A Dew Heater Controller

I have had a problem observing here in Hawai’i. The skies can be gorgeous, there is little to no light pollution, and you have access to much more of the southern sky. What could go wrong? …Dew!

Dew Heater Electronics
A view of the interior of the handwired dew heater controller
This is a tropical island, this means tropical humidity and moisture. Dew is a feature of observing that I have not had much problem with in the past. In Arizona it was rarely an issue, but here it can quickly shut down a night’s observing. My last time out on Mauna Kea dew was a problem, it didn’t shut me down, but it was a constant hassle. I had to be quite careful about breathing on the eyepiece. One mis-aimed exhalation and that eyepiece needed to be put in the back of the vehicle to dry out!

I had one dew strap available, given to me by a friend and fellow observer, a small one just right for wrapping around an eyepiece. So I just needed a controller to get started. There are several of these available on the market. But I had some issue with the cost, it seemed a bit high for what was essentially a very simple device. Some of the commercial units offered features like temperature sensing and regulation. Simple overkill for most users actual needs, just warm the optic slightly until the dew goes away. Sounds like an excuse for another evening project to me… Build it!

OK, it did take a few evenings to do all of the wiring and testing. But I enjoy that. The design is based on a simple schematic I found at Backyard Astro based on a design by Chris Heapy. I considered more sophisticated designs, even played around with a high frequency switcher on the breadboard. But in the end I decided that simple is all I needed and the basic LM555 low frequency design would work just fine. Some have complained about electrical interference from dew heater controllers. A design using a simple bipolar transistor based device can be easily tamed with a couple simple precautions to reduce interference.

I managed to build the entire device with parts and pieces I had on hand. Instead of a single channel device I put three channels in place. I figured I would need at most three channels to cover the primary, secondary and eyepiece in a practical setup. The size of the box I had also limited me to three channels, as this was all the panel had room for, even then the layout is a bit tight. I did add one more feature to the design, a low voltage cutoff to prevent deeply depleting the battery and possibly damaging it. A simple zener diode and transistor circuit tied to the reset pin of the LM555 accomplished this. The controller will shutoff if the voltage falls below about 8 volts.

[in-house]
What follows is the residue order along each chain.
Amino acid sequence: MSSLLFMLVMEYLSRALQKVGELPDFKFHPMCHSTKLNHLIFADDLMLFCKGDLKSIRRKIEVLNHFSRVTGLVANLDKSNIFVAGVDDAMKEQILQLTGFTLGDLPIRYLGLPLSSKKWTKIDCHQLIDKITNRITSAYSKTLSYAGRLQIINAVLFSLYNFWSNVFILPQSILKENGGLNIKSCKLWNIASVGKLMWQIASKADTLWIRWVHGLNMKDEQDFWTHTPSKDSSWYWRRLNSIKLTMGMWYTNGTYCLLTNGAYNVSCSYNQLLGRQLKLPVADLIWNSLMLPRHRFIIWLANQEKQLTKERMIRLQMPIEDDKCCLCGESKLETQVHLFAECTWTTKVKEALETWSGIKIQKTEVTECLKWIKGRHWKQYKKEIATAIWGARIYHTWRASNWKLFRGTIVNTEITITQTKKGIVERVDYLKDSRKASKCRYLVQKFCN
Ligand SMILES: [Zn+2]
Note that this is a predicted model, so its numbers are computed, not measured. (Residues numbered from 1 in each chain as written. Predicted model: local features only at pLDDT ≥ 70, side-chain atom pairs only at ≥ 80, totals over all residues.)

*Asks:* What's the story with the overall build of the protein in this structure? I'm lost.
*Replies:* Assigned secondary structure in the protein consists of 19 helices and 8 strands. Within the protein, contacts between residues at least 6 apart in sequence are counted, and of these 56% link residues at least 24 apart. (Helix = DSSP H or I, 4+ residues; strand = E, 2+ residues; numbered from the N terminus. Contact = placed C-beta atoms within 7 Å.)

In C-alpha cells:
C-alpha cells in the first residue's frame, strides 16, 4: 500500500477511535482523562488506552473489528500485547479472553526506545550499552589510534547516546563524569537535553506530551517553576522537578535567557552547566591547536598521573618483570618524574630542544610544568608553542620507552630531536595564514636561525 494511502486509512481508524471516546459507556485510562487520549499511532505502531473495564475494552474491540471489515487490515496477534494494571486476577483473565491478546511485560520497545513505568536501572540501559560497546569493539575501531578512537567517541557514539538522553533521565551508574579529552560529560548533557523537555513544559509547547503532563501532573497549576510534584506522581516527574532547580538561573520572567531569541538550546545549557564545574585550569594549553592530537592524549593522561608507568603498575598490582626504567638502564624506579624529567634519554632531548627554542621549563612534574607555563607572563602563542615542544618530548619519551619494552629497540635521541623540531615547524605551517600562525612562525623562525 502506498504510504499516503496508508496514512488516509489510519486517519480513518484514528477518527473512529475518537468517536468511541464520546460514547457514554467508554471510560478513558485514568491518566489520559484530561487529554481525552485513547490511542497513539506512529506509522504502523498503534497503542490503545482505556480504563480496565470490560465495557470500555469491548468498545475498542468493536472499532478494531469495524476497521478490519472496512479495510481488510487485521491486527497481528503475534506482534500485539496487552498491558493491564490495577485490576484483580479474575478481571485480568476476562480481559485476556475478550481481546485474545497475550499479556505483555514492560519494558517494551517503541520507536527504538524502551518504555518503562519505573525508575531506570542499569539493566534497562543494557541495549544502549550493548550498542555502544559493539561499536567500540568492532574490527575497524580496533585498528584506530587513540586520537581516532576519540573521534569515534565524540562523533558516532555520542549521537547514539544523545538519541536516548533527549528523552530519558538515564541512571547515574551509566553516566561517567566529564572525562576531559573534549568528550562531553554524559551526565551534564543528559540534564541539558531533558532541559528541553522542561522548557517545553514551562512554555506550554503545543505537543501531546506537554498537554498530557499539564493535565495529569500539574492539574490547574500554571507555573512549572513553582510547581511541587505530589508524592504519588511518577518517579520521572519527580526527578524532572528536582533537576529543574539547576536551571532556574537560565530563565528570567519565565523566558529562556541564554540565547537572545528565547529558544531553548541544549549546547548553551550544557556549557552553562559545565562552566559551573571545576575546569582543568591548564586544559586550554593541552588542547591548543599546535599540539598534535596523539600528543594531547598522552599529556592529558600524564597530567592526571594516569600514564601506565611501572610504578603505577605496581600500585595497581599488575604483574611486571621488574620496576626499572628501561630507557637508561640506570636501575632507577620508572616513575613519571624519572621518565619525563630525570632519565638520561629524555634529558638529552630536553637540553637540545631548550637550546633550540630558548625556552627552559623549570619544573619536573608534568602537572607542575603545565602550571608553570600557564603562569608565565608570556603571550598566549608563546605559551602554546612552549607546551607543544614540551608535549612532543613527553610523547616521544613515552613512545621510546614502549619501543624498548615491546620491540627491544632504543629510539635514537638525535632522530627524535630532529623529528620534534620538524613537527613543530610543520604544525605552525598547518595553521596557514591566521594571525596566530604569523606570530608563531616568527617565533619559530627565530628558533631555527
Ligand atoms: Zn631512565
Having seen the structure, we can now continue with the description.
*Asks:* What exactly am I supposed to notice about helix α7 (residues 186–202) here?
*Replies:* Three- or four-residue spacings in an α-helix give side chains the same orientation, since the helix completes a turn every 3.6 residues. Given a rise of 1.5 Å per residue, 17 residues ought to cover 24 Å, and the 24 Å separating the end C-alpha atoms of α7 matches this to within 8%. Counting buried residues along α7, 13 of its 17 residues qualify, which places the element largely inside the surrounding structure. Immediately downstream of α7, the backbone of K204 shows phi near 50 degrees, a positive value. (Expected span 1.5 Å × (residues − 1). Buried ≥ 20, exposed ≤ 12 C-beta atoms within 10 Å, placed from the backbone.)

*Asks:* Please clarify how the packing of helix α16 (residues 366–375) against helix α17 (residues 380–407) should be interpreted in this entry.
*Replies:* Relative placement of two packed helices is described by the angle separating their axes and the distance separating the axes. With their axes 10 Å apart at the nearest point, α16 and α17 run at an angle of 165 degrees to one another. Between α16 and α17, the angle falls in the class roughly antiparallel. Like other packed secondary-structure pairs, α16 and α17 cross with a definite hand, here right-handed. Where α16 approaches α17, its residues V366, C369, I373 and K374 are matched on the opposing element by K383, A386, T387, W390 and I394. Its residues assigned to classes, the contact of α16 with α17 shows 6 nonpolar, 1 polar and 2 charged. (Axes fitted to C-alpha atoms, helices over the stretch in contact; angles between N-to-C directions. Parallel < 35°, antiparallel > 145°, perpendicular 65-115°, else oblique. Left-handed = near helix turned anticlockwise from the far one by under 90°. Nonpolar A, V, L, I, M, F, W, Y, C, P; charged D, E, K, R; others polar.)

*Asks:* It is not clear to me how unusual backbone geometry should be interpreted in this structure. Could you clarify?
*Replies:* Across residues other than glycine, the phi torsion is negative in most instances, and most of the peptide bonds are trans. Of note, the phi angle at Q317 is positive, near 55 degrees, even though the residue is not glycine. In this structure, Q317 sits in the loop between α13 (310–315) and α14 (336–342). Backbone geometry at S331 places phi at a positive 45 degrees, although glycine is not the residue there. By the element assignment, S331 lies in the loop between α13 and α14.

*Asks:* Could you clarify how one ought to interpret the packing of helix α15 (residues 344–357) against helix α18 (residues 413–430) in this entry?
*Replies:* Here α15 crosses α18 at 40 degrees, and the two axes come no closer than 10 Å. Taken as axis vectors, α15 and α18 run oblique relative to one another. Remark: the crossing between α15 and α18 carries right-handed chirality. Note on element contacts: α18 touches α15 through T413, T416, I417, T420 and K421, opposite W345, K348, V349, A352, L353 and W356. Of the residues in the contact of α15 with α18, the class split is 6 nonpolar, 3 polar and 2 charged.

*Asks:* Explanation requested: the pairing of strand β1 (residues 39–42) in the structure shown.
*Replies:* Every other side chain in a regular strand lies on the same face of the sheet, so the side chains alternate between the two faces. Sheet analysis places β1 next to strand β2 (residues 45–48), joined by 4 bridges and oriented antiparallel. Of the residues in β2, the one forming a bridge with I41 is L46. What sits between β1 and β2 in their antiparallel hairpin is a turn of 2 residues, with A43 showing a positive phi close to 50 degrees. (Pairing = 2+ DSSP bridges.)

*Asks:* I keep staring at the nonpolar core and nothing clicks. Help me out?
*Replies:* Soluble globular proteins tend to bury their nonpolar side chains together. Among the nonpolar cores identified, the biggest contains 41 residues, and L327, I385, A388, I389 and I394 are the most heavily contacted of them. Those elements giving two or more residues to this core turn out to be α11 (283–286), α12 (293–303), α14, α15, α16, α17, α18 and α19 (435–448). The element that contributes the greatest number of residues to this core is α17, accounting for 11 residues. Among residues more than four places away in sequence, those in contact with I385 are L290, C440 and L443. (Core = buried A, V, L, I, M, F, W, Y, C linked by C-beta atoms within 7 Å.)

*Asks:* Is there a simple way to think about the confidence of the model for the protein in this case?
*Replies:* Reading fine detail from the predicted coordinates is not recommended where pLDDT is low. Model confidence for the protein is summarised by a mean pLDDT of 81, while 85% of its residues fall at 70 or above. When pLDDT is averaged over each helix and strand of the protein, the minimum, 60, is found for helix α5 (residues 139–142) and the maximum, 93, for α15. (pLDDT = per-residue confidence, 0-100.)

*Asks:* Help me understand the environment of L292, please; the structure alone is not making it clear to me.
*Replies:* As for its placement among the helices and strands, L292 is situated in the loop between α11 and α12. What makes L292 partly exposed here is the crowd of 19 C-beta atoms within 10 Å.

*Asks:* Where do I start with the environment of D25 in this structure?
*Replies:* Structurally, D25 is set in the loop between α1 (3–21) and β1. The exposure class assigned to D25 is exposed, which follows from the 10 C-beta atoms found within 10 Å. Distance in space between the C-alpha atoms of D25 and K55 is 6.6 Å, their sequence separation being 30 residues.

I build things tough for field use. In this case this meant a cast aluminum case, heavy connectors, steel handles at each side to protect the face plate and the controls. One item I can not abide in the commercial dew controllers is the use of audio RCA connectors for power, a very poor choice of connector. RCA connectors can be easily shorted out, a danger with a battery power supply, they do not latch, and are often cheaply made. For my field powered gear I use Amp CPC series connectors. These are cost effective plastic versions of the military style barrel connectors. They latch and are keyed to prevent reverse connections, both good precautions when using gear in the dark.

So now I just need to order a couple more straps for the various telescopes and I should be in good shape next time out. Looking forward to some proper field testing!

Dew Heater Controller
A field rugged dew heater controller ready for observing

Author: Andrew

An electrical engineer, amateur astronomer, and diver, living and working on the island of Hawaiʻi.

4 thoughts on “A Dew Heater Controller”

  1. Please post a photograph showing a mounted strap or two on one of your telescopes.


  2. I loved this circuit, I’ve buit several and need to build some more and noticed your note about a low voltage cutoff. Do you have a schematic of the circuit? Also how can this be adjusted to cutoff at 10.5v instead of 8v.


    1. I am forgetting at the moment how I implemented a low voltage cutoff on the circuit, my notes are at home. On the other hand it is easy to do… Simply use the reset pin of the LM555 to implement. The reset will hold the output low if you pull pin 4 low on the LM555. Either buy a voltage monitor IC, or build a voltage monitor (a zener diode and transistor combo? A voltage reference and a comparator like the LM311?) that will pull the reset pin low at your selected voltage to protect the battery.

  3. Thanks for the quick reply. I understand pulling pins low and some of the other things but since I’m not too much of whiz with electronics though. so if I connect the transistor to pin 4 and ground and the base through the zener diode to 12v bus. How would I adjust the cutoff voltage?


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